Home

Agent Orange

Company Daily Records (not recommended for PTSD patients or under 17.) 

Company Roster

Documentary Project

Email addresses for C 1/5

Gone but not forgotten

History

History Page 2

How this page got started

Maps

Other Links I liked

Pictures

Stories

Thank You's

My POW

MALONE, JIMMY MCDONALD

Name: Jimmy McDonald Malone
Rank/Branch: E1/US Army
Unit: Company C, 1st Btn, 503rd Infantry, 173 Airborne Brigade
Date of Birth: 13 September 1946 (Memphis TN)
Home City of Record: Norfolk VA
Date of Loss: 04 May 1966
Country of Loss: South Vietnam
Loss Coordinates: 110432N 1064530E (XT922249)
Status (in 1973): Missing in Action
Category: 4
Acft/Vehicle/Ground: Ground
Refno: 0326
Other Personnel In Incident: (none missing)

Source: Compiled by Homecoming II Project 15 October 1990 from one or more of the following: raw data from U.S. Government agency sources,correspondence with POW/MIA families, published sources, interviews.
Updated by the P.O.W. NETWORK 1998.

SYNOPSIS: Pvt. Jimmy Malone was the radio operator for Charlie Company, which was operating at the time of his tour in Binh Hoa Province, Republic of Vietnam. On May 4, 1966, as 4-5 platoons were encamped at a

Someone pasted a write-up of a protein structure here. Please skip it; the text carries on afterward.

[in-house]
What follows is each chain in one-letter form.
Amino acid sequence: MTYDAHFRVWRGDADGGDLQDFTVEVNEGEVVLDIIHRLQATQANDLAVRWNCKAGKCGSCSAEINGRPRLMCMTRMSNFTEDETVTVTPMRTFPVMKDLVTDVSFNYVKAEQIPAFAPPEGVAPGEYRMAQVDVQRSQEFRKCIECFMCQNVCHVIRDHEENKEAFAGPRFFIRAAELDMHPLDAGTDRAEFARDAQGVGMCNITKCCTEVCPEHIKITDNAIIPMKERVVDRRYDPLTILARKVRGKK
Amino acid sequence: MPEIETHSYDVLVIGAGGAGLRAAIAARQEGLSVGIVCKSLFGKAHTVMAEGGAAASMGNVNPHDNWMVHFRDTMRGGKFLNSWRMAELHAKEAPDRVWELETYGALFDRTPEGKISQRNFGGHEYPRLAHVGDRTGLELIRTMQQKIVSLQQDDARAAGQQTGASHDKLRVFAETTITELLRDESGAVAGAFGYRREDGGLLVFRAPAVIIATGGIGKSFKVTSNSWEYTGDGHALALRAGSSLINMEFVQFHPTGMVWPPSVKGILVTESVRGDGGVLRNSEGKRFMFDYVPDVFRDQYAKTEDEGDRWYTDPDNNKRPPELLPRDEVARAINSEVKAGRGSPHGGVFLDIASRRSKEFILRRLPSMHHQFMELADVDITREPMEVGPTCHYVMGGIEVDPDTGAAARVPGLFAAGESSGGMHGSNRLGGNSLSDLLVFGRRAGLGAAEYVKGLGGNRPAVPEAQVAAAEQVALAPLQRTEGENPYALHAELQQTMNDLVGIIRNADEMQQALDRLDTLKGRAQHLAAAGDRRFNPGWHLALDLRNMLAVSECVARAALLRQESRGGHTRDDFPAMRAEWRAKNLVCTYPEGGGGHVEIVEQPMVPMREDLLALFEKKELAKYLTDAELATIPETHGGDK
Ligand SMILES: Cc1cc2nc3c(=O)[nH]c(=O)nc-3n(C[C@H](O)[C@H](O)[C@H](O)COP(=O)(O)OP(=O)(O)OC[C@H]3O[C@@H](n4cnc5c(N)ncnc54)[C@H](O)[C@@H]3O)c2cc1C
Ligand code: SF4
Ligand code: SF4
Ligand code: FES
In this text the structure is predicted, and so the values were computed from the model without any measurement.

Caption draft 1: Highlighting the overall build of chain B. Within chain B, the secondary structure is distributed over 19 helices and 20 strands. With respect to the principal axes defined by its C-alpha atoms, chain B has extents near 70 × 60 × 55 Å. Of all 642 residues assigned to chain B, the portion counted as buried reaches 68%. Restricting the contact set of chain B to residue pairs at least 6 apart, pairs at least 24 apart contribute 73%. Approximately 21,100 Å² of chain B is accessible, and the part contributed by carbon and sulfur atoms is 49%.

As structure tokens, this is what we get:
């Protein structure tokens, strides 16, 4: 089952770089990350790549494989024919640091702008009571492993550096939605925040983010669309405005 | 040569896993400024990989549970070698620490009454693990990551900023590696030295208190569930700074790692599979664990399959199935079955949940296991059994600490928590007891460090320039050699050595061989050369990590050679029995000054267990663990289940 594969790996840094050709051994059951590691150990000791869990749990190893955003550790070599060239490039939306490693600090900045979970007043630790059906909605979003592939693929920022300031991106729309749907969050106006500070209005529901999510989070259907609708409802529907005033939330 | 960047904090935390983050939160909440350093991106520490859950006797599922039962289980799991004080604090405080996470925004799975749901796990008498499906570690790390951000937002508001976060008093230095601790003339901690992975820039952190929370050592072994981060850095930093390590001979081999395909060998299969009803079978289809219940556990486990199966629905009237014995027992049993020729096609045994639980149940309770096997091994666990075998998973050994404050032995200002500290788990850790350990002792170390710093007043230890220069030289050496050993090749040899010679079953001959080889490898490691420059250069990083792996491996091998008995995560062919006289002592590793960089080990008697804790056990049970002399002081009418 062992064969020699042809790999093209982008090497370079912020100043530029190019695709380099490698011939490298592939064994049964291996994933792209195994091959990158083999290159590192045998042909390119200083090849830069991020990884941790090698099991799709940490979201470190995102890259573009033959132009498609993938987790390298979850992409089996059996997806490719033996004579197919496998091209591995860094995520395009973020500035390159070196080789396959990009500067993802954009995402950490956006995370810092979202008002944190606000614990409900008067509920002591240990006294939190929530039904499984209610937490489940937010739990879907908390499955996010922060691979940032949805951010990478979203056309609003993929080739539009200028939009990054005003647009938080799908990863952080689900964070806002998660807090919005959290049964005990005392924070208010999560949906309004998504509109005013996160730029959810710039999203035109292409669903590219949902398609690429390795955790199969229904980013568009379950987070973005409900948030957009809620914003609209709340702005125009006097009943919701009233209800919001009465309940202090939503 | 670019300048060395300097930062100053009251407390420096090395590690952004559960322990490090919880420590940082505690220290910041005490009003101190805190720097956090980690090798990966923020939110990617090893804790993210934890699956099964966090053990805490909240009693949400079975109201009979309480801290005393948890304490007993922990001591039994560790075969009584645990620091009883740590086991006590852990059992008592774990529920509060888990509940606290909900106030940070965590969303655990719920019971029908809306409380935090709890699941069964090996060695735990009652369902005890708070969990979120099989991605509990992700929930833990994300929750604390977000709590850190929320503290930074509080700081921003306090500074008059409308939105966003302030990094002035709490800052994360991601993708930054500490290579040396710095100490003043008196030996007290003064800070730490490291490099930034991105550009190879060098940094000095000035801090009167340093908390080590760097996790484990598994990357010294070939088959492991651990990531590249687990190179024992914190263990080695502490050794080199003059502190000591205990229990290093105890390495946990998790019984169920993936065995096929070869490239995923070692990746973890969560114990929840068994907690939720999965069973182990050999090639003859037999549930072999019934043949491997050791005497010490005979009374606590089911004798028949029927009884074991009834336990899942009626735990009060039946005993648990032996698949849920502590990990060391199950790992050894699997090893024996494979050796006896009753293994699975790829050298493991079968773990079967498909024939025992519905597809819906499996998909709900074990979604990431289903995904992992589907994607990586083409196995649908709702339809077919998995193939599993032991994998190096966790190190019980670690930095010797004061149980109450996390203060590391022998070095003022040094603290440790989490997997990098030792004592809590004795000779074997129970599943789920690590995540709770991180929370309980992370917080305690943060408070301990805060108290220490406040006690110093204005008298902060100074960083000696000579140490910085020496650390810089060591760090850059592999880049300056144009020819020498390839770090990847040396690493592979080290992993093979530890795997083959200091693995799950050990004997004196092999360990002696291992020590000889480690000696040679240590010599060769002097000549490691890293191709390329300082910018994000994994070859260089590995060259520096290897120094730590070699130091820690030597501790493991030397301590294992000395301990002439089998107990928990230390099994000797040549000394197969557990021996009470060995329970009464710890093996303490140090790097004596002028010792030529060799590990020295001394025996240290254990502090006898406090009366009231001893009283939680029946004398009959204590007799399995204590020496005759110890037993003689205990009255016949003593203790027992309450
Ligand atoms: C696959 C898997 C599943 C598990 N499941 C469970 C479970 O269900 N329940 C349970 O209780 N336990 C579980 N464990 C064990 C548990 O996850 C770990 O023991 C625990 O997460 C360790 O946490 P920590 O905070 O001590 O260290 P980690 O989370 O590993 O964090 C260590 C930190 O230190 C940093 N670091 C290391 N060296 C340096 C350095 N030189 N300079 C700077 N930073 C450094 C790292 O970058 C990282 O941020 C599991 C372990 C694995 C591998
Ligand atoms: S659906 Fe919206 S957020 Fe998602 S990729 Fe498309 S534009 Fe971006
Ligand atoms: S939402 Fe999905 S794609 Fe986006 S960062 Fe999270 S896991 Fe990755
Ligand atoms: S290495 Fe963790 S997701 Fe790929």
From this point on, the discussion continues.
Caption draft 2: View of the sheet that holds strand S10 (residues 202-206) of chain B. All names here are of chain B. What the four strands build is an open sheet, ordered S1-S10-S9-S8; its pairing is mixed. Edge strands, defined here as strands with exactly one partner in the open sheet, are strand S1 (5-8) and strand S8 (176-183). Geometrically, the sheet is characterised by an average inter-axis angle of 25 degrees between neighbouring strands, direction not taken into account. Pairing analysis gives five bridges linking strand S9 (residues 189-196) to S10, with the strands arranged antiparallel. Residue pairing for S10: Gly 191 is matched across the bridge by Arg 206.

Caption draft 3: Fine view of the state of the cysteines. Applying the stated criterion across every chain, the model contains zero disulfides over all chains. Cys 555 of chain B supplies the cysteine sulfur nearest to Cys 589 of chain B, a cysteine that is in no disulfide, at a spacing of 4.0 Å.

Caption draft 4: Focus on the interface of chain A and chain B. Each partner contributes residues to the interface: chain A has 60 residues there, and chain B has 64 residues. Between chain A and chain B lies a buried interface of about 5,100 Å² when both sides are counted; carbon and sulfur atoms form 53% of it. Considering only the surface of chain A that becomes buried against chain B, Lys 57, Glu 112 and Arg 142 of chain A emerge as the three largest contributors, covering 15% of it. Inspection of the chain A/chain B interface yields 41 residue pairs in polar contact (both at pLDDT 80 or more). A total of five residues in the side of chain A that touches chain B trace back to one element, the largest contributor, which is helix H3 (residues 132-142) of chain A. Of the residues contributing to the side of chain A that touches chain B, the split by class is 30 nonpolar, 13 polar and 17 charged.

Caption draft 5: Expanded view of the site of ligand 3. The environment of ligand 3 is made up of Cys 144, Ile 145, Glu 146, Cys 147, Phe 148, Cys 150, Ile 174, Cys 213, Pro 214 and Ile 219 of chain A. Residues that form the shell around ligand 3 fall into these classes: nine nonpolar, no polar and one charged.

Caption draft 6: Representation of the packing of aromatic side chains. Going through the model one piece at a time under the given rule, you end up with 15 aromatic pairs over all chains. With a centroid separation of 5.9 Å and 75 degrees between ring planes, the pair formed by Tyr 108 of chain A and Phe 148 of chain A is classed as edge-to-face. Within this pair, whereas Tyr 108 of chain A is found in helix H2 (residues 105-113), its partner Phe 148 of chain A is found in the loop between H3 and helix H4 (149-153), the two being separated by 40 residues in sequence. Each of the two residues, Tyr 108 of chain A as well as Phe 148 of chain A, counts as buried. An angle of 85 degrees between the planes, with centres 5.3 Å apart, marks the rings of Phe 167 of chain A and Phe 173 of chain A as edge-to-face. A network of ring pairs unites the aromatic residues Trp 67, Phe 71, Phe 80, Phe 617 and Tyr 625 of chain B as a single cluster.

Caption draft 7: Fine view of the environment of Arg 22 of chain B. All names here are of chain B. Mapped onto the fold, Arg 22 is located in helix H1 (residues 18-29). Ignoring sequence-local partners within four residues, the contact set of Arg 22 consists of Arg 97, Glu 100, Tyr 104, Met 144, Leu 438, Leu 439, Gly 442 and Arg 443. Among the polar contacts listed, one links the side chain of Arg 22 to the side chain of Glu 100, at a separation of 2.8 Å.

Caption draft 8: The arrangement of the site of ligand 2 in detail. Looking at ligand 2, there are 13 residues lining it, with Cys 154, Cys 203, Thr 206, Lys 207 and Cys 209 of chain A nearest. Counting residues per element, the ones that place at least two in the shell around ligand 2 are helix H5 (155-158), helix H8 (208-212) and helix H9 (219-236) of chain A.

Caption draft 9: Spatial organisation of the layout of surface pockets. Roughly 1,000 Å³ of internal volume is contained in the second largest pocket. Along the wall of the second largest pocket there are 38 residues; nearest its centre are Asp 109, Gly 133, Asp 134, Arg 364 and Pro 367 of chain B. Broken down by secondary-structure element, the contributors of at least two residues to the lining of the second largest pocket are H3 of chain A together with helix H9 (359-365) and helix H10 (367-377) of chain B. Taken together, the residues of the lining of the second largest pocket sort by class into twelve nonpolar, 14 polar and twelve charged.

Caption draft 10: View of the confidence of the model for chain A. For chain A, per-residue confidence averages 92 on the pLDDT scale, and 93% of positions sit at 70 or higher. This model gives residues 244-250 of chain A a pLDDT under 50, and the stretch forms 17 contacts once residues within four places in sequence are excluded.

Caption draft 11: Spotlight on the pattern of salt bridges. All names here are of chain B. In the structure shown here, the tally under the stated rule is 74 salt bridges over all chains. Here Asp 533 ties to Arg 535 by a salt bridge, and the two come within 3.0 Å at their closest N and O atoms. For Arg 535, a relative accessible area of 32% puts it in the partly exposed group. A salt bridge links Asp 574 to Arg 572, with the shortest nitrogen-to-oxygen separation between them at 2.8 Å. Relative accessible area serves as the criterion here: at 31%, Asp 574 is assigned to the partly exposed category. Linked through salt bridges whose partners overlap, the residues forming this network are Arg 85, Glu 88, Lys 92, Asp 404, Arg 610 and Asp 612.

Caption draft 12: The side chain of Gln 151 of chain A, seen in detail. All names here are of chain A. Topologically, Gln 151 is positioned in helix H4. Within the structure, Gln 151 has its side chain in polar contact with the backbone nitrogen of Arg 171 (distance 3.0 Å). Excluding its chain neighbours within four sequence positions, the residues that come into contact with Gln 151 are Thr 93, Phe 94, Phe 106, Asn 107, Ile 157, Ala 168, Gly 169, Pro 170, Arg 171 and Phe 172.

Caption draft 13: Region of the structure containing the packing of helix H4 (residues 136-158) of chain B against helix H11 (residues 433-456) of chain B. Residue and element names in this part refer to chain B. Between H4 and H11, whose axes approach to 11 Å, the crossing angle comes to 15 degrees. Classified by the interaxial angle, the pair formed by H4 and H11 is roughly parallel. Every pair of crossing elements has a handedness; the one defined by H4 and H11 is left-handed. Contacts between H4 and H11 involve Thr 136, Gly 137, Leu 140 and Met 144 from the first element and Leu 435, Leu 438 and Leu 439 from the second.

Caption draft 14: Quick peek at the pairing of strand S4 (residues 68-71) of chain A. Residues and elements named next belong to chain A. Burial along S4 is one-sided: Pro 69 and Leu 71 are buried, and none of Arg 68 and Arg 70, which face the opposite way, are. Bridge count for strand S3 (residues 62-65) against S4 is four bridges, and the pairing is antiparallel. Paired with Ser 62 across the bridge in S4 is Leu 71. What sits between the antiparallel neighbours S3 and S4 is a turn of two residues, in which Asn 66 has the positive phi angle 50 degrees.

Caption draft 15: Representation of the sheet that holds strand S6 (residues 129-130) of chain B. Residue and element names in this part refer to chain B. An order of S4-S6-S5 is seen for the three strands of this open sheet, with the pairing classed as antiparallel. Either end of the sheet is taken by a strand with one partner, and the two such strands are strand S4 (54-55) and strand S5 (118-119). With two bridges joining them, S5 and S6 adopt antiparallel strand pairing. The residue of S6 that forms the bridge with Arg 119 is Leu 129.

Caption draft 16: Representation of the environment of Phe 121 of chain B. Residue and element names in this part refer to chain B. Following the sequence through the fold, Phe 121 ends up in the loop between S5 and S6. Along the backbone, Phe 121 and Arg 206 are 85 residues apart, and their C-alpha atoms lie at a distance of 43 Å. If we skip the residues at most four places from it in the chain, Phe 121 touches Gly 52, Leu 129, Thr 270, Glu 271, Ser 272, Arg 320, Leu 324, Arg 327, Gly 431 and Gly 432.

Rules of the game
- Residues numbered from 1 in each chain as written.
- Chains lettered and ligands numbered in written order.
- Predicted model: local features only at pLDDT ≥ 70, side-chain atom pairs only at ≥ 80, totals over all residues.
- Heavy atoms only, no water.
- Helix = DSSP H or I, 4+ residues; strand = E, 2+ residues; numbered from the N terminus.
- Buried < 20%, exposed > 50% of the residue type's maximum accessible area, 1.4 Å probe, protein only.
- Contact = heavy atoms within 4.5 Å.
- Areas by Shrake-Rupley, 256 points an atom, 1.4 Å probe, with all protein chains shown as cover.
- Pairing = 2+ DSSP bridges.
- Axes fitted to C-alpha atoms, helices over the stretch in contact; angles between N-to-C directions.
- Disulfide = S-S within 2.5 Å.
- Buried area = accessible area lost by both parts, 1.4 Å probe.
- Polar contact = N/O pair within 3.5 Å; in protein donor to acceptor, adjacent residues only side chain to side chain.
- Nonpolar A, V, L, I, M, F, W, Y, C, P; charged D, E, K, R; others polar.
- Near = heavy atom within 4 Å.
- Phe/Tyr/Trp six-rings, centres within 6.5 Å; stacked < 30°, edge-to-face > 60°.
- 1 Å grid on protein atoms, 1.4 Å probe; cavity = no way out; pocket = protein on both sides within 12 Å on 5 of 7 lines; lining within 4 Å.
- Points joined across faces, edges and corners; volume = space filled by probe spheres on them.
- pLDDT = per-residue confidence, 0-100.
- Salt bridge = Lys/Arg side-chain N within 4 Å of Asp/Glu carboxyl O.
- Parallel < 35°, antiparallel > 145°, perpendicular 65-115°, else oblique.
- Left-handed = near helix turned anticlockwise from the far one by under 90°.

temporary position, Malone was instructed to go to the weapons platoon position to pick up his platoon's mail, and did not show up at 1830 hours for a standard briefing that all personnel were required to attend. A search was initiated for Malone, but no trace of him was found. The Battalion commander ordered the search to include helicopters equipped with loud speaker systems to broadcast instructions in case he could hear.
The search continued for the remainder of the day and for the next. Another platoon was called in to assist, but no trace of Malone was ever found. Malone is among nearly 2500 Americans remain unaccounted for in
Vietnam. Since the war ended, over 10,000 reports concerning Americans missing or unaccounted for in Southeast Asia have been received by the U.S. Government. Many experts are completely convinced that hundreds of Americans are now being held captive.

One set of critics say that the U.S. has done little to address the issue of live POWs, preferring the politically safer issue of remains return. Others place the blame on the Vietnamese, for using the issue of POW/MIA to
their political advantage. Regardless of blame, no living American has returned through the efforts of negotiations between the countries, and the reports continue to pour in. Are we doing enough to bring these men home?

Jimmy M. Malone was promoted to the rank of Staff Sergeant during the
period he was maintained missing.


Please send comments to vvets6768@yahoo.com

Copyright © October 2001